Just because a keyword or phrase is searched regularly on Google does not mean it is worth chasing.
There is a misconception that high end keywords (words or phrases searched in large volumes every month) are the most desirable but it’s not always the case.
And many people spend thousands of dollars or hours optimizing a website so that it ranks for one of these keywords only to find it does little good. So what’s going on?
[Note: This step by step guide is for those who already have a website and are trying to improve its’ rankings.]
1. Checking search volumes
The first step is to make sure internet users actually search the keyword you are considering. You may well have carried out this already. If not check the monthly volumes in the Google Keyword Tool.
2. Checking for competition
The keyword tool will also tell you if the PPC competition for a keyword is ‘High’, ‘Medium’ or ‘Low’. If people are spending large sums on PPC you can assume they are spending even more trying to rank organically and so you may want to consider if you have the budget to take them on.
As part of this research carry out a search in Google for the keyword and look at who is ranking at the moment. If they are large well established websites or companies then budging them is going to be expensive in either cost or time so once again think about the size of your business and if it has the budget to take on those companies that already have their rankings.
3. Low search volumes
Just because a keyword has a low volume of searches every month this isn’t a reason to toss it aside. Some websites gain the majority of their traffic because they rank for hundreds or thousands of low volume keywords which, cumalitively, are of far more value than battling for one high volume cuplrit.
It’s also worth checking Google Insights to see if the keyword is trending in any particular direction. Words and phrases that are trending up are prime candidates for your attention – get a good ranking now before everyone else piles in!
4. Is it a good keyword?
Finally once you have decided that a keyword has a reasonable volume of searches and that you have the budget to try and rank for it you should stop for a moment.
The question is, “If I rank for this keyword will it do me any good?”. Think what it is that you want your visitor to do after they arrive at your site. Do you want them to buy a product, subscribe to a service, sign up to a newsletter?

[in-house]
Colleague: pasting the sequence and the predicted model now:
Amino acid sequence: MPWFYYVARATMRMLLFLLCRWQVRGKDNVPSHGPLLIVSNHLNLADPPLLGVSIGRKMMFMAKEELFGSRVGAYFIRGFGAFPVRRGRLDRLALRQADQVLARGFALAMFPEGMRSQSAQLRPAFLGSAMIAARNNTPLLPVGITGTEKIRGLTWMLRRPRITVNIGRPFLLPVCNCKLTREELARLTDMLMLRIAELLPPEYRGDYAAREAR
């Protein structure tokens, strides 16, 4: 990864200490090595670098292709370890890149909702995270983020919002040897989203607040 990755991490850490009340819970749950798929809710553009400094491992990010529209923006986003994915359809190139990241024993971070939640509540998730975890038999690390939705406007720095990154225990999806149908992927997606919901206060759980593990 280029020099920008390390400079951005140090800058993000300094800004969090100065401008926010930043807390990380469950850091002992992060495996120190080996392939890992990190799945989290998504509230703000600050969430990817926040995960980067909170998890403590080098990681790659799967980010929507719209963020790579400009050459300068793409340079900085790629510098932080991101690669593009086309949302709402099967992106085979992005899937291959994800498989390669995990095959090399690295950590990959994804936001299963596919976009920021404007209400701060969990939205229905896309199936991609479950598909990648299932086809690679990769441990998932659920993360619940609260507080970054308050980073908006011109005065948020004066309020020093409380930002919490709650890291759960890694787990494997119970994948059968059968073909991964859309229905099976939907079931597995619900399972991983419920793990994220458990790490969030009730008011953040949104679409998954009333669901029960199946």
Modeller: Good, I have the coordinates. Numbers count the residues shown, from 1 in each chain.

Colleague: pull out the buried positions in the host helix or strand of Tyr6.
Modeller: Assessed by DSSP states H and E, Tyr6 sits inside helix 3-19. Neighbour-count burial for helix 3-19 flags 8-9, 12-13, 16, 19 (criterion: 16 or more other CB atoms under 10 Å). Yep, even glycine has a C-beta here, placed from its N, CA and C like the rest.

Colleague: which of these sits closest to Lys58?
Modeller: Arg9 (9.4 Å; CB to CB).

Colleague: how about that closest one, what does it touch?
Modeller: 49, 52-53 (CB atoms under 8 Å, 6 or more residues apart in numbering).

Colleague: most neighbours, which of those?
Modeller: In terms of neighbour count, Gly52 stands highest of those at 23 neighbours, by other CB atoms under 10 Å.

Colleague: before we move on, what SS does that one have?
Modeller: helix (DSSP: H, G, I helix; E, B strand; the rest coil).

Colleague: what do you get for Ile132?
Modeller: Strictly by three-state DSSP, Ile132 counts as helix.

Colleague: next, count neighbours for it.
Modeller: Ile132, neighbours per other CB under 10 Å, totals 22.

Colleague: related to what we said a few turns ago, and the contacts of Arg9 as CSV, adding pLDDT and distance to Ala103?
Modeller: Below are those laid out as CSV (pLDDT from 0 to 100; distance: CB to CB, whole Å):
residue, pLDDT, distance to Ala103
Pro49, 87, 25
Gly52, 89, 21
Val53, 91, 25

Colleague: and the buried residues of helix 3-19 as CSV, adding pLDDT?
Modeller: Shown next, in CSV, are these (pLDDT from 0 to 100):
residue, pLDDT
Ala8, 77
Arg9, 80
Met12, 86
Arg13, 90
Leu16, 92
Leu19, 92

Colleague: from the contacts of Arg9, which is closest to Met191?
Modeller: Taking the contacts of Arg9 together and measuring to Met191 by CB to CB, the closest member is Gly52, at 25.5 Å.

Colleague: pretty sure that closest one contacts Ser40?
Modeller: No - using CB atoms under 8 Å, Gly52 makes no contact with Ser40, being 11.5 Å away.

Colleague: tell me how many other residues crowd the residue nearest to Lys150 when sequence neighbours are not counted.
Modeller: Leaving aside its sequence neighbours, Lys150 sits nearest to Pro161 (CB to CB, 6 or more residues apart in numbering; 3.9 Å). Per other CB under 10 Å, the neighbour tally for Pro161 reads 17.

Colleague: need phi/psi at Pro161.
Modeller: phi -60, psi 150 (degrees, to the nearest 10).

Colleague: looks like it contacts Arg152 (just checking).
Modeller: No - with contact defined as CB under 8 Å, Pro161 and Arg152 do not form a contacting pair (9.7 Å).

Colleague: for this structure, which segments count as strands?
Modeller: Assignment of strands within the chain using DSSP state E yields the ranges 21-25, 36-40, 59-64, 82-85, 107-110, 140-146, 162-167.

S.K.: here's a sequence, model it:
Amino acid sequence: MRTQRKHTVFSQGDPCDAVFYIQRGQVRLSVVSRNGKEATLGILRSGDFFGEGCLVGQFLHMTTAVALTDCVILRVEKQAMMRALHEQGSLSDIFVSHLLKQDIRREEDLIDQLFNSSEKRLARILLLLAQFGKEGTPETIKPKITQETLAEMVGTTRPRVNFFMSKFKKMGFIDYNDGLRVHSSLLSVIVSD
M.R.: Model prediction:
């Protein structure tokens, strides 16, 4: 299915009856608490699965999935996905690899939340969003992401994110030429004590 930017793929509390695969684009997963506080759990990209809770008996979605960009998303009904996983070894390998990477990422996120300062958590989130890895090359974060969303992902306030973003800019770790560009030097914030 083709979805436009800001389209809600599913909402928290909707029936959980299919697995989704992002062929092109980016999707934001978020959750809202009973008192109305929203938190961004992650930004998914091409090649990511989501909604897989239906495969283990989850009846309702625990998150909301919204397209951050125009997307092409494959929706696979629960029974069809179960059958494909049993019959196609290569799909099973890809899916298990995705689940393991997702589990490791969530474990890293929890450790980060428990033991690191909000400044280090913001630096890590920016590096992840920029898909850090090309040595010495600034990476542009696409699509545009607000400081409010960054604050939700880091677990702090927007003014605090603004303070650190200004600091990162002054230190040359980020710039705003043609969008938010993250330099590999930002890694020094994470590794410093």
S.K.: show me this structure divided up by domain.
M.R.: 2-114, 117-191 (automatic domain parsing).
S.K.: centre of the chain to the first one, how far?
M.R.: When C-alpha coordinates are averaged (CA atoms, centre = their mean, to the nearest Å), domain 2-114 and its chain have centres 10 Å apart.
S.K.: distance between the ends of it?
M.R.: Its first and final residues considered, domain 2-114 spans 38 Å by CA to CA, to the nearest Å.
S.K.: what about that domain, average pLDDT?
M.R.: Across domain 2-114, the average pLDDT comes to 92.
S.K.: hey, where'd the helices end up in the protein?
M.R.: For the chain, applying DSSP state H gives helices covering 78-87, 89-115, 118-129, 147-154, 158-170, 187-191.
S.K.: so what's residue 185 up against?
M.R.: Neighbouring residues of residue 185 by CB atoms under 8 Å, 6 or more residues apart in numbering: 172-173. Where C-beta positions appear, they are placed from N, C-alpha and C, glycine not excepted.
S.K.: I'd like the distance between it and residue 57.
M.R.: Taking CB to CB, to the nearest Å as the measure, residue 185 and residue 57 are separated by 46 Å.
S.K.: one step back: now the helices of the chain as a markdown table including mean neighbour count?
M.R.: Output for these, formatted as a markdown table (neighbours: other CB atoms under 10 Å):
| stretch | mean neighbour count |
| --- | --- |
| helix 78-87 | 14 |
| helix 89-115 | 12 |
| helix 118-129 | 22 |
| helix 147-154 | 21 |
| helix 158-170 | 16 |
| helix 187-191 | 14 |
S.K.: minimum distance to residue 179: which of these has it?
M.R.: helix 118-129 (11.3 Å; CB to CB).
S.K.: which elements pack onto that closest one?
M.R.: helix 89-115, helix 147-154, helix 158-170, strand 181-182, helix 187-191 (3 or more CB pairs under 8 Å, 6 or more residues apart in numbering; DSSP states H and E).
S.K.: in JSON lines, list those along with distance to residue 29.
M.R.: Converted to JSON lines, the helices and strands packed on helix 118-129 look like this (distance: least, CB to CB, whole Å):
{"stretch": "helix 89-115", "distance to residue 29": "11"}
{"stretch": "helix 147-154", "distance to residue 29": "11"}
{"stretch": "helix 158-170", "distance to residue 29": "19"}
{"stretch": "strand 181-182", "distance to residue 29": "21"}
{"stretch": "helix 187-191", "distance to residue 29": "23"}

Whatever it is you need to find out if the keyword in question actually delivers that kind of traffic.
So before spending hours of your own time or hiring an SEO company you need to spend a little on advertising to be sure the keyword is worth your investment.
For this you’ll need a Google Adwords account and a Google Analytics account and you’ll need to tie the two together. There are plenty of tutorials out there explaining “how to link your Adwords and Analytics accounts” so make sure these are set up.
Your Analytics account should have the intended goal set up. This could be “if the user reaches this page” or “if the user buys a product”.
From there you can then see, for any keyword in your PPC account, if the visitors generated by PPC actually do what you want them to do.
5. The keyword or the site
Now let’s say you do all of this and the visitors do not convert. You’re left with two options:
- Users who search that term just don’t convert so do not waste time or money optimizing for it.
- There is something wrong with the website that makes visitors not convert.
For the second option, if your users don’t generally convert then your website could well be the guilty party. If they do then the keyword is not work optimizing for. Chances are it is no more than a trophy term that many others who have not done their homework chase after.
If you need assistance setting up your Google Adwords and Google Analytics accounts so that they work together in the process described above get in touch and I can quote you for the work.